Lover's Tears

Reviewed by YTSL

For those who continue to think that Hong Kong cinema consists almost entirely of cultish action flicks and exploitation efforts, this 1996 Lee Kwok Lap offering -- that Paul Fonoroff described as “a traditional tear jerker with a strong sense of traditional family values” in his “At the Hong Kong Movies” book of reviews (1998:557) -- may come as a shock to the system, should they ever check it out.  Since this high-minded David Chiang and Yang Yat Ming co-production is not an art-house type work (as well as the kind of film for which Hong Kong is (in)famous) though, the likelihood that they will come by a copy of it is very slim.  IMHO, this is probably for the best since I can’t imagine this dramatic effort -- whose fictitious tale is presumably intended to be an inspirational one (a la the fact-based “Forever and Ever” and “Time 4 Hope”), and disaster impending arc is effectively foretold upon its main man’s making the fate-tempting assertion that “I have to feed a family.  How can I have an accident?” -- holding all that much interest for other than fans of its male and female leads.

Although Derek Yee has first billing in LOVER’S TEARS, the veteran but still quite boyish looking actor-director-producer-cinematographer actually has much less time on screen than the younger and more inexperienced -- though not necessarily less capable or charismatic -- Carmen Lee (whose Lau Heung Ching character is a primary school teacher loved by two men as well as adored by her young charges).  Additionally, his character (an architect named Kam Ming-Sang, who comes across as a commendably good -- almost to the point of unbelievably saintly -- man) spends more than half of the film lying atop a hospital bed and in a coma.  Indeed, if not for her sizable role requiring that she be considerably de-glammed for much of it, this hardly low budget feeling offering would come across as the sort of effort that was designed to make its principal actress -- who appears to be one of a score of her generation’s promising young things to have somehow never managed to capture a sufficient number of Hong Kong movie goers’ hearts -- into a major star.
By this, I mean that the quite watchable Carmen Lee’s character looks to be the designated heart and soul of LOVER’S TEARS.  While Ching took the thoroughly admirable man she married, Ming-Sang, to be her rock and inspiration, viewers of this Ella Chan scripted effort are clearly meant to particularly respect as well as care most for the woman who is pregnant at the time that an unfortunate incident causes her husband -- and father of another two children (named Chi Wai and Chi Chung) -- to no longer be able to actively be by her side plus provide for his family.  And although some other adult characters also do fairly prominently figure in the story, for one reason or another, all of them end up not being there for their friend or daughter -- and Ming-Sang and her children -- as much as the film’s viewers, especially those who are familiar with tight knit Asian families, might expect them to be.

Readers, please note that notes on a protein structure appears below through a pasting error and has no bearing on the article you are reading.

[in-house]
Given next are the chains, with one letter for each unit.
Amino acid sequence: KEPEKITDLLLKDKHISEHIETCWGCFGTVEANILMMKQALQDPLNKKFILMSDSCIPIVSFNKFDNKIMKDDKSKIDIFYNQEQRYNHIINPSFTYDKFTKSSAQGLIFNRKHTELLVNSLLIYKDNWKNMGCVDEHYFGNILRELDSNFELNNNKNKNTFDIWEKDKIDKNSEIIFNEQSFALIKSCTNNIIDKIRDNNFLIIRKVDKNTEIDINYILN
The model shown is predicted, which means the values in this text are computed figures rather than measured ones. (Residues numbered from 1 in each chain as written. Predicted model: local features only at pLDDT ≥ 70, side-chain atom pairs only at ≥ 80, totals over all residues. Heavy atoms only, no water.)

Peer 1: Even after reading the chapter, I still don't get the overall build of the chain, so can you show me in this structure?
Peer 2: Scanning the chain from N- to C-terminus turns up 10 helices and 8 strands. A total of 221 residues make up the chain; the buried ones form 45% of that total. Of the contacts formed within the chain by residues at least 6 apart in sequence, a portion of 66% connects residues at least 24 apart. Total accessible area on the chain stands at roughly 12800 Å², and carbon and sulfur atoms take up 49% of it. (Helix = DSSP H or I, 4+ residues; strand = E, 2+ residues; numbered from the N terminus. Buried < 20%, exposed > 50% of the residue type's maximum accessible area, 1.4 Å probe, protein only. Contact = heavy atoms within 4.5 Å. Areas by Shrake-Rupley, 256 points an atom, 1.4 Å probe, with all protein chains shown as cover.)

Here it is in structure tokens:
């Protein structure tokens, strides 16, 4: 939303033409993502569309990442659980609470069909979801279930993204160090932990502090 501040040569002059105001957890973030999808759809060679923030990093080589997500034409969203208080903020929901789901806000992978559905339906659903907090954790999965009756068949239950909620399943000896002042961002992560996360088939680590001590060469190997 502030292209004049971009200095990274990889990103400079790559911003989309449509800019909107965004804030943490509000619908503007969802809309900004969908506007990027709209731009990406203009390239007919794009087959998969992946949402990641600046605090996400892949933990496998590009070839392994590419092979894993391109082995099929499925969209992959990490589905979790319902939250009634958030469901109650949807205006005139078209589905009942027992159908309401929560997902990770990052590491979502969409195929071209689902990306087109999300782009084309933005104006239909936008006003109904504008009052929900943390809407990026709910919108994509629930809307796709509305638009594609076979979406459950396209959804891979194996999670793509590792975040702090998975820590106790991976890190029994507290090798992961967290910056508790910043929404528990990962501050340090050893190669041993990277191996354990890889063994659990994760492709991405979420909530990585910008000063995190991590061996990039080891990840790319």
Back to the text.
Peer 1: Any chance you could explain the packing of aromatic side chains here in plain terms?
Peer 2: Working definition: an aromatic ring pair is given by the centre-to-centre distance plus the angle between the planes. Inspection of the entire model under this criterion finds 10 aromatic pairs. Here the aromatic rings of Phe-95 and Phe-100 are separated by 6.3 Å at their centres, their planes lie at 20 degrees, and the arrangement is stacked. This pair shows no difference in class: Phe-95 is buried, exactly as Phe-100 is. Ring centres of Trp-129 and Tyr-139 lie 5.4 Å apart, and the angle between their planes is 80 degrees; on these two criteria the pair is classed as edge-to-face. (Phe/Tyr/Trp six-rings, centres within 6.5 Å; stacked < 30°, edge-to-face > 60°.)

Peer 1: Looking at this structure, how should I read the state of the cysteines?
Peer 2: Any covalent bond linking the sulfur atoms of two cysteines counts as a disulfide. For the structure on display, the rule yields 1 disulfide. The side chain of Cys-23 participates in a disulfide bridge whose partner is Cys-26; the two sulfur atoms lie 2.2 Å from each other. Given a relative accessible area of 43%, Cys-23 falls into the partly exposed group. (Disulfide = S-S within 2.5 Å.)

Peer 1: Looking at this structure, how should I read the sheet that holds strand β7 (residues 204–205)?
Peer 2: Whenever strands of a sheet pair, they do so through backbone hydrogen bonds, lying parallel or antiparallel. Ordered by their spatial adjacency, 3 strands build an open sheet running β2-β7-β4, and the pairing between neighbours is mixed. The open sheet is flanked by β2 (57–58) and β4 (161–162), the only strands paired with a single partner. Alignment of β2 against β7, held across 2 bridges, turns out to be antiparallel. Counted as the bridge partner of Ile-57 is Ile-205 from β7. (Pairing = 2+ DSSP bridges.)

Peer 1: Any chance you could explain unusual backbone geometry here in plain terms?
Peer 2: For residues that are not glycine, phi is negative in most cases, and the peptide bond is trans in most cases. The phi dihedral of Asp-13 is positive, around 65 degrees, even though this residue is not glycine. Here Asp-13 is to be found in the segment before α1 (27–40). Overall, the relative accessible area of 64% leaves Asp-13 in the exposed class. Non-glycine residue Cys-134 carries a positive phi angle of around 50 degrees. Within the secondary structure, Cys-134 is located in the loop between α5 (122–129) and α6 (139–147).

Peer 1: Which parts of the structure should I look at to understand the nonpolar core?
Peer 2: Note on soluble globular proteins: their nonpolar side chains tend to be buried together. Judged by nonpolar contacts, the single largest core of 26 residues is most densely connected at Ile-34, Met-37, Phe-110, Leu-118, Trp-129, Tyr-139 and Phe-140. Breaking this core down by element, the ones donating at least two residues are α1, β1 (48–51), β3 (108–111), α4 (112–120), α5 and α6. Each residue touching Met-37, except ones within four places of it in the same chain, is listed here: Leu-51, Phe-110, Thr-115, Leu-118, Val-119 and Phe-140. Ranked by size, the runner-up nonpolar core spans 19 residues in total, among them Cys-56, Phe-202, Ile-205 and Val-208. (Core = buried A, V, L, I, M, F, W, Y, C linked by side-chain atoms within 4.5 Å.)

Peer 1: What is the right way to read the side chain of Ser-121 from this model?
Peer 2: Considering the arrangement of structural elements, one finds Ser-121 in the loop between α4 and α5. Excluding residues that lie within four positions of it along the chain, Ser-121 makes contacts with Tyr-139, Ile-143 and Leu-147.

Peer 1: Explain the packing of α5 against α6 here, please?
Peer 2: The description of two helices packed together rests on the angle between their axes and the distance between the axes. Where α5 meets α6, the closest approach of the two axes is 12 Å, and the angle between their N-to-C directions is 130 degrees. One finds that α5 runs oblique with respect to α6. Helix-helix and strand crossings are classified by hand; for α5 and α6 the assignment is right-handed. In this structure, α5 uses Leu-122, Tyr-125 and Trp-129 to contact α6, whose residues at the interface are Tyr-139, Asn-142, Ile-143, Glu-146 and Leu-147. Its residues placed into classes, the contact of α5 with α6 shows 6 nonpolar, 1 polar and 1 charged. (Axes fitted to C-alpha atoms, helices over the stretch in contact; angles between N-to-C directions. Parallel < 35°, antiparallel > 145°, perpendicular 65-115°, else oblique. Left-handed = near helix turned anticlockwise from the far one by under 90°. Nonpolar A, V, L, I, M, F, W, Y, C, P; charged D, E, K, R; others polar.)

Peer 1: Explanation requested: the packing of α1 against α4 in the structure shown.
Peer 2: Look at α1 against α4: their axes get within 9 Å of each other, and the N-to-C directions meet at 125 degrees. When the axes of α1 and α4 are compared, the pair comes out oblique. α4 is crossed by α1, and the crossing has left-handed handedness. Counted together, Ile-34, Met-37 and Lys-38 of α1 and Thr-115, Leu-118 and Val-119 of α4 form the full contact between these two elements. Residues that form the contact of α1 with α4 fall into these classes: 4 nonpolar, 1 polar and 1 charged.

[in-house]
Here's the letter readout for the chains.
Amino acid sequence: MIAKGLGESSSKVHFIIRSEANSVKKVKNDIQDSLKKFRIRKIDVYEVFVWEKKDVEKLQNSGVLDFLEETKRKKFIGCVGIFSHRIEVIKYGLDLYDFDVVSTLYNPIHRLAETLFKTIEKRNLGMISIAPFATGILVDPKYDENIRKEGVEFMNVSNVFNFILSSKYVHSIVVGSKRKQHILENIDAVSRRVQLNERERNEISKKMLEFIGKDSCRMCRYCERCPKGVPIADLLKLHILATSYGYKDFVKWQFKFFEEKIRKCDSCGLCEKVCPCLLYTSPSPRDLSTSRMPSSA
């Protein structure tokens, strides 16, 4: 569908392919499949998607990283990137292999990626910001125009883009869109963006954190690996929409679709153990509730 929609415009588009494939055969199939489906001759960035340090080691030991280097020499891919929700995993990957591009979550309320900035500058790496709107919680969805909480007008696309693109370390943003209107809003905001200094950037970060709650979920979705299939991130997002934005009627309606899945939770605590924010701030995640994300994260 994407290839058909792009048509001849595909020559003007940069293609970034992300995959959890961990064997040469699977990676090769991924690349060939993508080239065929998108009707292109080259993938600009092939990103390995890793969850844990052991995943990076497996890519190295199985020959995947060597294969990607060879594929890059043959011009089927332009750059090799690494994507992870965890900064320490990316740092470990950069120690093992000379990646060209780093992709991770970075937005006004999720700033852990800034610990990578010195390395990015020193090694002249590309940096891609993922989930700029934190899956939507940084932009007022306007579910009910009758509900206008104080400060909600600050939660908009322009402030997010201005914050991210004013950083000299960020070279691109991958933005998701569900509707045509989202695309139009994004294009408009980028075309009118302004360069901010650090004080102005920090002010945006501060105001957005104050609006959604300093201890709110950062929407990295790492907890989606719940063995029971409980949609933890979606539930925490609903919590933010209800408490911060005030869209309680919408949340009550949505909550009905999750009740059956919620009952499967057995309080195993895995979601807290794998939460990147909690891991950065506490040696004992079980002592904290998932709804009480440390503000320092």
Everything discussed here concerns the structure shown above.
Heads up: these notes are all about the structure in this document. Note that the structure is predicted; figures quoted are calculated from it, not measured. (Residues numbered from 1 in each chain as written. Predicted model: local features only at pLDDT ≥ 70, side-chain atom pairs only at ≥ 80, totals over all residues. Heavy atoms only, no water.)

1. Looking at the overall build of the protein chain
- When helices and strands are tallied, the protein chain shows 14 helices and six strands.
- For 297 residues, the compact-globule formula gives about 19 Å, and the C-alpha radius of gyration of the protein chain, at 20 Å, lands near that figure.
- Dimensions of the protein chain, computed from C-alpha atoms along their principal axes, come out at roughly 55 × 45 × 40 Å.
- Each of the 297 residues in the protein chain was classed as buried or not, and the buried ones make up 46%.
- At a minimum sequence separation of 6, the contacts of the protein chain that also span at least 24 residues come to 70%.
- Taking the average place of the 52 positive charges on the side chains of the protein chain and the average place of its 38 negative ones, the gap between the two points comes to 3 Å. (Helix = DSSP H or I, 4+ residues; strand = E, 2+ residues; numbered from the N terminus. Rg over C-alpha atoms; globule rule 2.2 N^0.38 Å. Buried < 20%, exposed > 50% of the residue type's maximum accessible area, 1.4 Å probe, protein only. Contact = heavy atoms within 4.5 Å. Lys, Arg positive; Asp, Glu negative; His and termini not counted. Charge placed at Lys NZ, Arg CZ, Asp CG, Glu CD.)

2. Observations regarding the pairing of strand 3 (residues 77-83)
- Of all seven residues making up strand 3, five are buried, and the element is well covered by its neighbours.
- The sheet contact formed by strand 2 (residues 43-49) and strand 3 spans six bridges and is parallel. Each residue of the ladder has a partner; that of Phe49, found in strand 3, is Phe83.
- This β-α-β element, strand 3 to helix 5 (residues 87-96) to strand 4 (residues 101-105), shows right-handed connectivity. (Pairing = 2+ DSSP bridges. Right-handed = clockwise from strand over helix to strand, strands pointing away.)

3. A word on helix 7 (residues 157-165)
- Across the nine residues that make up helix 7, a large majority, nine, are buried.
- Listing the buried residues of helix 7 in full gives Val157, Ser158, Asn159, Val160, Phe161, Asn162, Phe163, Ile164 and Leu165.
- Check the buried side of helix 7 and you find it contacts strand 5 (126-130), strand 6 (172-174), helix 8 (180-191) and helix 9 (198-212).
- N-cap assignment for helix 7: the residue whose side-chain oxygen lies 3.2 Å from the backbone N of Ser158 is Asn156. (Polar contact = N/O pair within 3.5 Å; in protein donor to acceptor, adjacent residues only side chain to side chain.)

Perhaps the actions of Ching’s parents (who elect to visit their son in Canada at a time that I thought that they would want to stay close to their lost acting plus looking daughter) and her best friend (Pauline Suen plays Kam Hing, who announces her intentions to go off to the U.S. to marry someone) is meant to say quite a bit about the events of LOVER’S TEARS taking place -- like with the filming of the movie itself -- just a jittery year or so prior to the Handover of Hong Kong to (Mainland) China by Britain.  In this context, it’s rather interesting to see that the individual (named Lam Long and portrayed by Tok Chung Hwa) who blamed himself for Ming-Sang’s ending up in the bad condition that he did chose a harsh appearing part of “the Motherland” as the place to exile himself before returning to his home territory to help out a family that he found to be in quite a bit of need.
Why that little group’s situation gets as dire as it does is something (else) that this (re)viewer has to admit to not quite understanding.  While financial difficulties can be expected to ensue when a young family’s professional class main breadwinner becomes indisposed -- and in serious need of medical care -- for a significant period of time, Ching and her (step-)children’s descent from living in a mansion like residence to a one room shanty seems far too rapid to be all that believable.  So much is this so that, and at the risk of being labeled as someone with a heart of stone, the primary emotions that the unfortunately insufficiently involving LOVER’S TEARS ended up evoking in me actually were perplexity -- re the movie’s illogic (that I am wont to suspect occurred as a result of its makers’ trying to make the still too mundane work’s protagonist’s situation appear more dire than reality would have dictated that it be) -- and indifference (rather than sympathy or such like).

My rating for this film: 5.5